Then he quit reporting for fiction writing. He published four novels — Crossroad Blues, Leavin’ Trunk Blues, Dark End of the Street and Dirty South — about the adventures of music historian and freelance investigator Nick Travers. Set in New Orleans, the books are rich with steamy atmosphere, colorful characters and Atkins’ love for blues music.
But Charlie Wall was still hanging around, his straw hat tilted back, a highball in his hand, whispering in Atkins’ ear.
“When I moved here, I had no intention of writing about Florida. I moved here so I could write about Louisiana,” Atkins says.
He was feeling burned out on writing “hero-driven fiction, a kind of Southern-accented Raymond Chandler. I had fun writing those books, but I wanted to do something more challenging.”
He also found that he missed reporting. He expected to enjoy “sitting around in a room making things up all day,” but it palled.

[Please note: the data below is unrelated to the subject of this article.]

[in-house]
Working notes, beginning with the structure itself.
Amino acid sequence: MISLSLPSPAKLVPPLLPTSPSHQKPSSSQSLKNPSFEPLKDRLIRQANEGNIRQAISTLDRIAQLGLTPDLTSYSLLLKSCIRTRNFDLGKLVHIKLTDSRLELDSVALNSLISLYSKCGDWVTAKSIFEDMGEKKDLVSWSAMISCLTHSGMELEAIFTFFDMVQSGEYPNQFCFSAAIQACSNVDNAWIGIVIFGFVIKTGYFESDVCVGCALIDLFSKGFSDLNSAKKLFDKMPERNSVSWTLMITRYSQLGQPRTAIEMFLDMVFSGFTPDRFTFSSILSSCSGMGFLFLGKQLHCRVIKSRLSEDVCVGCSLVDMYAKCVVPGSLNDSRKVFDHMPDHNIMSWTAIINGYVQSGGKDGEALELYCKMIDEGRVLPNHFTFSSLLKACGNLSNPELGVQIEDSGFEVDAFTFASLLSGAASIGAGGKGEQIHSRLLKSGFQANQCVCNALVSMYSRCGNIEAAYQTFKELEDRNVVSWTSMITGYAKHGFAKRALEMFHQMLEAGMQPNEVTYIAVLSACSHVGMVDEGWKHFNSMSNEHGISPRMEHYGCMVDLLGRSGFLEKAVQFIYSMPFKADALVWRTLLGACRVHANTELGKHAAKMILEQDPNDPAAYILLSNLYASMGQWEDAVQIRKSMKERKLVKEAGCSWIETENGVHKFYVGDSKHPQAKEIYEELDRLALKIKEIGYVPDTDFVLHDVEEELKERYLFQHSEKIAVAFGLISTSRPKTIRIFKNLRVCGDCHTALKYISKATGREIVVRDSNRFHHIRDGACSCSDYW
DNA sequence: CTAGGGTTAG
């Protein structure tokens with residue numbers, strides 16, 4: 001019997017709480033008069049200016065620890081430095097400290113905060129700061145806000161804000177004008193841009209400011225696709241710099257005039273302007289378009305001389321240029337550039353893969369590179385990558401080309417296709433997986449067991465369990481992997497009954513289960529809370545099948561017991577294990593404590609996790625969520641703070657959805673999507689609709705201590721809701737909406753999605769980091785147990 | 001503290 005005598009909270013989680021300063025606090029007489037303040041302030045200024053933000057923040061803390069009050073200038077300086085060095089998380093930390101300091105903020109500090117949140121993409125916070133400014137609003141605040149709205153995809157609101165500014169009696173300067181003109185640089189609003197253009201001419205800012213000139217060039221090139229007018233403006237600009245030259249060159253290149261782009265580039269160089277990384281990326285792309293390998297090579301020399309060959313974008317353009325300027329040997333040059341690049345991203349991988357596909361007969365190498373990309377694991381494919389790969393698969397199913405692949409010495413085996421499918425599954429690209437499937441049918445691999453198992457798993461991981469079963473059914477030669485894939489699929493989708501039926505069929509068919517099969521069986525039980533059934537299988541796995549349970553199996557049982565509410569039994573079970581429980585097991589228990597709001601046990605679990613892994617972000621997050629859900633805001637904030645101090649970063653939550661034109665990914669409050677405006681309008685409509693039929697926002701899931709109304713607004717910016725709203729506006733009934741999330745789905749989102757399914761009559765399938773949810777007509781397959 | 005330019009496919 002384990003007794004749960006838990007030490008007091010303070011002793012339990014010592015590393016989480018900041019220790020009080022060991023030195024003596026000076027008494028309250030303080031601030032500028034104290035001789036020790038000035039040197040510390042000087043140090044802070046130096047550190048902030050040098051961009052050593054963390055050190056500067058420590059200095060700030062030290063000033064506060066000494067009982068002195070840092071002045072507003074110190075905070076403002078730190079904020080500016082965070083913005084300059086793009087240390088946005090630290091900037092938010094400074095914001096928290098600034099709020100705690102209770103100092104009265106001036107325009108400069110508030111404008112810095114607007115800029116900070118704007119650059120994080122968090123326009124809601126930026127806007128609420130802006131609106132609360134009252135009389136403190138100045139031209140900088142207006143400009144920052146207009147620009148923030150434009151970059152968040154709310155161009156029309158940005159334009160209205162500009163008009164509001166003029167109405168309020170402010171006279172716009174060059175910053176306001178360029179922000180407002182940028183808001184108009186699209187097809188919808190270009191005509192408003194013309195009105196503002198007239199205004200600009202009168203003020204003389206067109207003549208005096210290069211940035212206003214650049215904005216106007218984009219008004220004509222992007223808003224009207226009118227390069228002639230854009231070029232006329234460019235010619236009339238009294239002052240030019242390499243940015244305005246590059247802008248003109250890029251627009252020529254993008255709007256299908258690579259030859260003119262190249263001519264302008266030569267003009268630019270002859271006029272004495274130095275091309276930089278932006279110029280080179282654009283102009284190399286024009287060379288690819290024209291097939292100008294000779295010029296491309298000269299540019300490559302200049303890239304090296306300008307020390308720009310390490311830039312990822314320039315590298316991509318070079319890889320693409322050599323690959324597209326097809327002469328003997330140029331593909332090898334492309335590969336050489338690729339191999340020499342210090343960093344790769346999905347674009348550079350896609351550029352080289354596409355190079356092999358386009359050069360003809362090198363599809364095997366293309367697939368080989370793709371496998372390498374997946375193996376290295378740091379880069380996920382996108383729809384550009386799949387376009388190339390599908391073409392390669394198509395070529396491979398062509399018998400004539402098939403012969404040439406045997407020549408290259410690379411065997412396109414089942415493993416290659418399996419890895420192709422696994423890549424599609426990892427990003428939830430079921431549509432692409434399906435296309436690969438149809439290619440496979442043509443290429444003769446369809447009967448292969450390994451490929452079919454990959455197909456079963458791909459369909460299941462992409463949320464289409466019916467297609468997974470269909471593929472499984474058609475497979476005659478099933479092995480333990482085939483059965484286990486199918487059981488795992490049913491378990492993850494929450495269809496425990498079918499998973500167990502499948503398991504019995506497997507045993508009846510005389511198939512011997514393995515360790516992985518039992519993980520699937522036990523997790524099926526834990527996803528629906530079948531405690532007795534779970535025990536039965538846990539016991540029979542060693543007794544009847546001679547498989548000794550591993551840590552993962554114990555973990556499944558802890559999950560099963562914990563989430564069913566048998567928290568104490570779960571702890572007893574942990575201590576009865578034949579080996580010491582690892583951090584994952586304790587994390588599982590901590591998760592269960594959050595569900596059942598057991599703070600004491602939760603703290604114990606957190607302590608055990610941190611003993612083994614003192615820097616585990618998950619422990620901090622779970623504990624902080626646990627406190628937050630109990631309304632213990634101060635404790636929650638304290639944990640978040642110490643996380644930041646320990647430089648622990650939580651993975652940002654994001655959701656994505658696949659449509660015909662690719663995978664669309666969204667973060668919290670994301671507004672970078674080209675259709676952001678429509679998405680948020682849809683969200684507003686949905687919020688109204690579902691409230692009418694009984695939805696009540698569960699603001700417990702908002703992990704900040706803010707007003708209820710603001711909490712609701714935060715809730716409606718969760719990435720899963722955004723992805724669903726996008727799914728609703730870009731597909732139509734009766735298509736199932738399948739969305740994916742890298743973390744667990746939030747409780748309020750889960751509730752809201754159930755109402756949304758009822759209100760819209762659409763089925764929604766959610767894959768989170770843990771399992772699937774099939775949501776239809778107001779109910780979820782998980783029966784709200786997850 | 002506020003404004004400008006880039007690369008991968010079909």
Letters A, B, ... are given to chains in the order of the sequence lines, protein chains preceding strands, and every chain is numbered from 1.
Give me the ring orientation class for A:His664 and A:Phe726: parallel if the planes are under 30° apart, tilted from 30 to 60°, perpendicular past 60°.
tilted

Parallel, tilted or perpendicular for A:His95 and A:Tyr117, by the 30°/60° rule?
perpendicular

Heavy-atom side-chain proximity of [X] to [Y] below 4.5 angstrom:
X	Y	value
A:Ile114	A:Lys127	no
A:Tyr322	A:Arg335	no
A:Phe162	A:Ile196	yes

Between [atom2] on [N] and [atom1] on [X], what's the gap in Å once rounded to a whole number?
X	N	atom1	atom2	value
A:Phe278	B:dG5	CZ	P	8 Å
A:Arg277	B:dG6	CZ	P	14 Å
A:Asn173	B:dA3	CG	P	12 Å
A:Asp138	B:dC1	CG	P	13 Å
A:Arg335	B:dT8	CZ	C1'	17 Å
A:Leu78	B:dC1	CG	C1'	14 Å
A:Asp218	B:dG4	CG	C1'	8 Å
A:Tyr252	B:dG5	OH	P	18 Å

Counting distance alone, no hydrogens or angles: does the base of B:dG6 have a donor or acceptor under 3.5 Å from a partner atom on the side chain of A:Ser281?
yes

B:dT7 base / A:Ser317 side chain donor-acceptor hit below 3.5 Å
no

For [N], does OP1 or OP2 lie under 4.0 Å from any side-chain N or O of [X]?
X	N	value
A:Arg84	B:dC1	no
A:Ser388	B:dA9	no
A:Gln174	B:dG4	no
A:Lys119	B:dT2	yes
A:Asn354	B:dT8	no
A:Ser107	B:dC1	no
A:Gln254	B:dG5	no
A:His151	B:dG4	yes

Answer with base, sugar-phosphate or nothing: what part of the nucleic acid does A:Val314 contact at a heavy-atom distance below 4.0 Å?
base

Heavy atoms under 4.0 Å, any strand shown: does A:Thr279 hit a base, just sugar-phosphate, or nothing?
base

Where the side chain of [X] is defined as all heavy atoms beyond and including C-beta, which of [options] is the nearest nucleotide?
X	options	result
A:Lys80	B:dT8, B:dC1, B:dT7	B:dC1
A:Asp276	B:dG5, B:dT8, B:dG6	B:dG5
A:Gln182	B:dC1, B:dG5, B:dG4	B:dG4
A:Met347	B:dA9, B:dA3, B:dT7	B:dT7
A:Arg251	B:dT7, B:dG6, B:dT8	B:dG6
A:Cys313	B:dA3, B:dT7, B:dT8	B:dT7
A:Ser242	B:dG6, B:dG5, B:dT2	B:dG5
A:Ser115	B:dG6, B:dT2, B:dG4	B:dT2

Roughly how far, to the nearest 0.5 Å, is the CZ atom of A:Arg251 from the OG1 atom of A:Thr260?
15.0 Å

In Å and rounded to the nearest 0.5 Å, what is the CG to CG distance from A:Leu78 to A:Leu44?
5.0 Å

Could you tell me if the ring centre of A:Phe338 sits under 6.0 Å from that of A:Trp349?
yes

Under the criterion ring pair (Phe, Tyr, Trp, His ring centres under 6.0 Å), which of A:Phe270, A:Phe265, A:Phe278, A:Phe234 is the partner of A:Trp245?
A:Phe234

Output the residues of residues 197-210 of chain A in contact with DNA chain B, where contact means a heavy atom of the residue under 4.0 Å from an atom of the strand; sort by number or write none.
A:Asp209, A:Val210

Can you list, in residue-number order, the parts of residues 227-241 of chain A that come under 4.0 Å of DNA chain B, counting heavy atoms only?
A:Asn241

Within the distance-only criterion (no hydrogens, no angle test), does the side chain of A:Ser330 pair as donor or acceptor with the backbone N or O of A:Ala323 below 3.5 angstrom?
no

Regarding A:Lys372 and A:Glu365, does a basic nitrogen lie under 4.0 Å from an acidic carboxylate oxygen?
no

One day, he was talking about his frustration with his wife, Angela Moore, who had been a police reporter for the St. Petersburg Times.
“She asked me, 'What’s the best story you know?’
“And I said, 'The killing of Charlie Wall.’
“And she said, 'Why don’t you write it, then?’ ”
Soon, he was calling the Tampa Police Department to request the case file. “I always start with the police reports.”
This one consisted of almost 2,000 pages, many of them “copies of copies of copies,” but that didn’t matter.